Zelensky preparing ‘comprehensive plan’ to end war against Russia

Vladimir Zelensky, Ukrainian President, Slovenian President, Natasa Pirc Musar, Ukrainian

In the face of mounting casualties and pressing timelines, Ukrainian President Vladimir Zelensky has announced that his administration is preparing a “comprehensive plan” to bring an end to the ongoing conflict with Russia. Speaking at a press conference in Kiev following a meeting with Slovenian President Natasa Pirc Musar, Zelensky expressed urgency and determination to present this plan by the end of the year.

Zelensky referred to the “peace formula,” a ten-point document he unveiled in November 2022. The document outlines Ukraine’s conditions for peace, which include the return of all occupied territories, the withdrawal of Russian troops, reparations, and accountability for war crimes. Despite Moscow’s dismissal of the plan as unrealistic, Zelensky emphasized the necessity of a robust battlefield presence alongside diplomatic efforts.

“We will also work out all other points of the Peace Formula and prepare a comprehensive plan that will be on the table before our partners,” Zelensky stated. “It is very important for us to show a plan to end the war that will be supported by the majority of the world. This is the diplomatic path we are working on.”

The Ukrainian leader underscored the importance of military strength in negotiations, asserting that Russia only respects power. “These are two parallel things – to be strong on the battlefield and to develop a plan, a clear plan, a detailed plan. And it will be ready this year,” Zelensky affirmed. His remarks came shortly after Ukraine signed a long-term security pact with the European Union, which guarantees military and financial aid for years to come.

The US and several allies have also committed to long-term support for Ukraine, framing these agreements as safeguards against potential policy shifts should former US President Donald Trump win the upcoming election. Speaking in Brussels, Zelensky reiterated that Ukraine is not seeking to prolong the war. He stressed the need to put a settlement plan on the table within months, citing the heavy toll on Ukrainian soldiers and civilians.

“We have many wounded and killed on the battlefield. We must put a settlement plan on the table within a few months,” he said, though he offered no further details on the plan.

While Ukrainian authorities have been reticent about revealing their casualty figures, they claim to have inflicted substantial losses on Russian forces. Conversely, the Russian Defense Ministry reported that Ukraine lost 35,000 troops in May alone and nearly 500,000 since the conflict began. These figures, however, are part of the broader information warfare between the two nations.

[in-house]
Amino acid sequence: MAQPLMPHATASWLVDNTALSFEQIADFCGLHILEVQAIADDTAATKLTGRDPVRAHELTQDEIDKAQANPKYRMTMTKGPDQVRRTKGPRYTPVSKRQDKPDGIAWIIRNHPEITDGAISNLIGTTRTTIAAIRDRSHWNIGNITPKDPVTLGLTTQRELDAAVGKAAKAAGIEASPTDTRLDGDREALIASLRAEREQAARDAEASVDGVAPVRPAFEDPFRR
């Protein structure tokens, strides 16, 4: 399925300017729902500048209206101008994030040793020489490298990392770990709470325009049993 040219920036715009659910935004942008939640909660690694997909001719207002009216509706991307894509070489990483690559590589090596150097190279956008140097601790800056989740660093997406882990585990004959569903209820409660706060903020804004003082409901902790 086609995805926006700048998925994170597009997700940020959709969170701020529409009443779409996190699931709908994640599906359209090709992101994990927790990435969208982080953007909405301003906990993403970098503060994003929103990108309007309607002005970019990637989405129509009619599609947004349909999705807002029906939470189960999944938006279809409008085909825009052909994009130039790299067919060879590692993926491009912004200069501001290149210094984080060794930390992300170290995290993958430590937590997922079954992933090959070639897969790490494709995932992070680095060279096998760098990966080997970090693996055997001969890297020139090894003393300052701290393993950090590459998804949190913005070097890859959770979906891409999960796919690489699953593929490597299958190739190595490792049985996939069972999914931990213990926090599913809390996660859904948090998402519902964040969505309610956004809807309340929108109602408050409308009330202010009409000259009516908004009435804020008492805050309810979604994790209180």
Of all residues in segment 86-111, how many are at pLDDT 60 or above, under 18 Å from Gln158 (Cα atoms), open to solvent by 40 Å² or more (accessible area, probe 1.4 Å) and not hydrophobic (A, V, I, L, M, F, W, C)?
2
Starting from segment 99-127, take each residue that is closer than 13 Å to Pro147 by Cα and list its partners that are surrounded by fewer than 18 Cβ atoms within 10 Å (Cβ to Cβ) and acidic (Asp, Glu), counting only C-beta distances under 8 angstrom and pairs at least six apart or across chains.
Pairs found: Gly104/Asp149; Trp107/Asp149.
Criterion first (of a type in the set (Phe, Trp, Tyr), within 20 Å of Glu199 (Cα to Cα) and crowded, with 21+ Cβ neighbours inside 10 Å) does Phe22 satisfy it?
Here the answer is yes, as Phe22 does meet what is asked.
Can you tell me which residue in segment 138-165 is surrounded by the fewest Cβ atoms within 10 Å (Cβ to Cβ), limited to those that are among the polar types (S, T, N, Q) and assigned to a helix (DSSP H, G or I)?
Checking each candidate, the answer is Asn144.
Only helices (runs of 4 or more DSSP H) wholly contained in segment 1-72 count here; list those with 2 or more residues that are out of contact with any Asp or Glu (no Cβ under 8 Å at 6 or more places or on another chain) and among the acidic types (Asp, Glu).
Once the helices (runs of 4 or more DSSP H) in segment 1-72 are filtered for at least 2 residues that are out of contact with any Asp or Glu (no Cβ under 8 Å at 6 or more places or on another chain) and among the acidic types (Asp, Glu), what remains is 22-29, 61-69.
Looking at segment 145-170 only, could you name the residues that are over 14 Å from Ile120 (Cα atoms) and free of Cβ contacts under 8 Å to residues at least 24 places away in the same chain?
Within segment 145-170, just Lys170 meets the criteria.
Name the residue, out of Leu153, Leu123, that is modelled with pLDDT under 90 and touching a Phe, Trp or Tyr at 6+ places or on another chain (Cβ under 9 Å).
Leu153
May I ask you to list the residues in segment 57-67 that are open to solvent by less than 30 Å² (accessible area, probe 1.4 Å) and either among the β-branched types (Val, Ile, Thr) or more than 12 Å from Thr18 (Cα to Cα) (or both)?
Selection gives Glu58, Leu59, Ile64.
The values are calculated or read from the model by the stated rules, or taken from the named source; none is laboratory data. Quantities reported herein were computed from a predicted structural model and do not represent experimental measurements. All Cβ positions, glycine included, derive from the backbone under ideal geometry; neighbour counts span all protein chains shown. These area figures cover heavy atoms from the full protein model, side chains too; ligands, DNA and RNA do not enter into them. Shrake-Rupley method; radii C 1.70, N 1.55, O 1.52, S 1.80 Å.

Despite the lack of ongoing public negotiations between Ukraine and Russia, Zelensky’s administration continues its diplomatic efforts. Earlier this month, Zelensky hosted an international summit in Switzerland, rallying support for Ukraine’s stance. Over 90 countries sent leaders and senior officials, with the majority endorsing a final communique stressing Ukraine’s territorial integrity. However, notable absences and dissenting voices, such as India’s disagreement and China’s boycott, highlighted the complexities of international consensus.

“It is very important for us to show a plan to end the war that will be supported by the majority of the world,” Zelensky reiterated during the press conference with Slovenian President Musar. “This is the diplomatic route we are working on.”

Ukraine has consistently demanded that Russia withdraw from its internationally recognized territories, including Crimea, annexed by Moscow in 2014, as a precondition for peace talks. On the other hand, Russian President Vladimir Putin insists on Ukraine relinquishing more territories in the east and south, maintaining a hardline stance that complicates potential negotiations.

In Brussels, Zelensky confirmed his intention to present a detailed peace plan soon, emphasizing the urgency due to the high casualty rates. “We don’t have too much time,” he said, pointing to the ongoing loss of life among soldiers and civilians.

On the ground, Russian forces continue to make incremental advances, claiming control over small frontline villages and occupying about a fifth of Ukrainian territory. Despite these gains, Ukrainian forces, heavily reliant on Western military and financial aid, remain resolute. The extended conflict has left Ukrainian troops outgunned, outmanned, and exhausted after more than two years of relentless fighting.

As the war drags on, Zelensky’s administration is caught in a race against time, striving to balance military resilience with diplomatic initiatives. The upcoming comprehensive plan aims to outline a clear path to peace, one that aligns with Ukraine’s demands and garners global support. However, the stark realities on the battlefield and the divergent international responses underscore the formidable challenges ahead in achieving a lasting resolution to the conflict.

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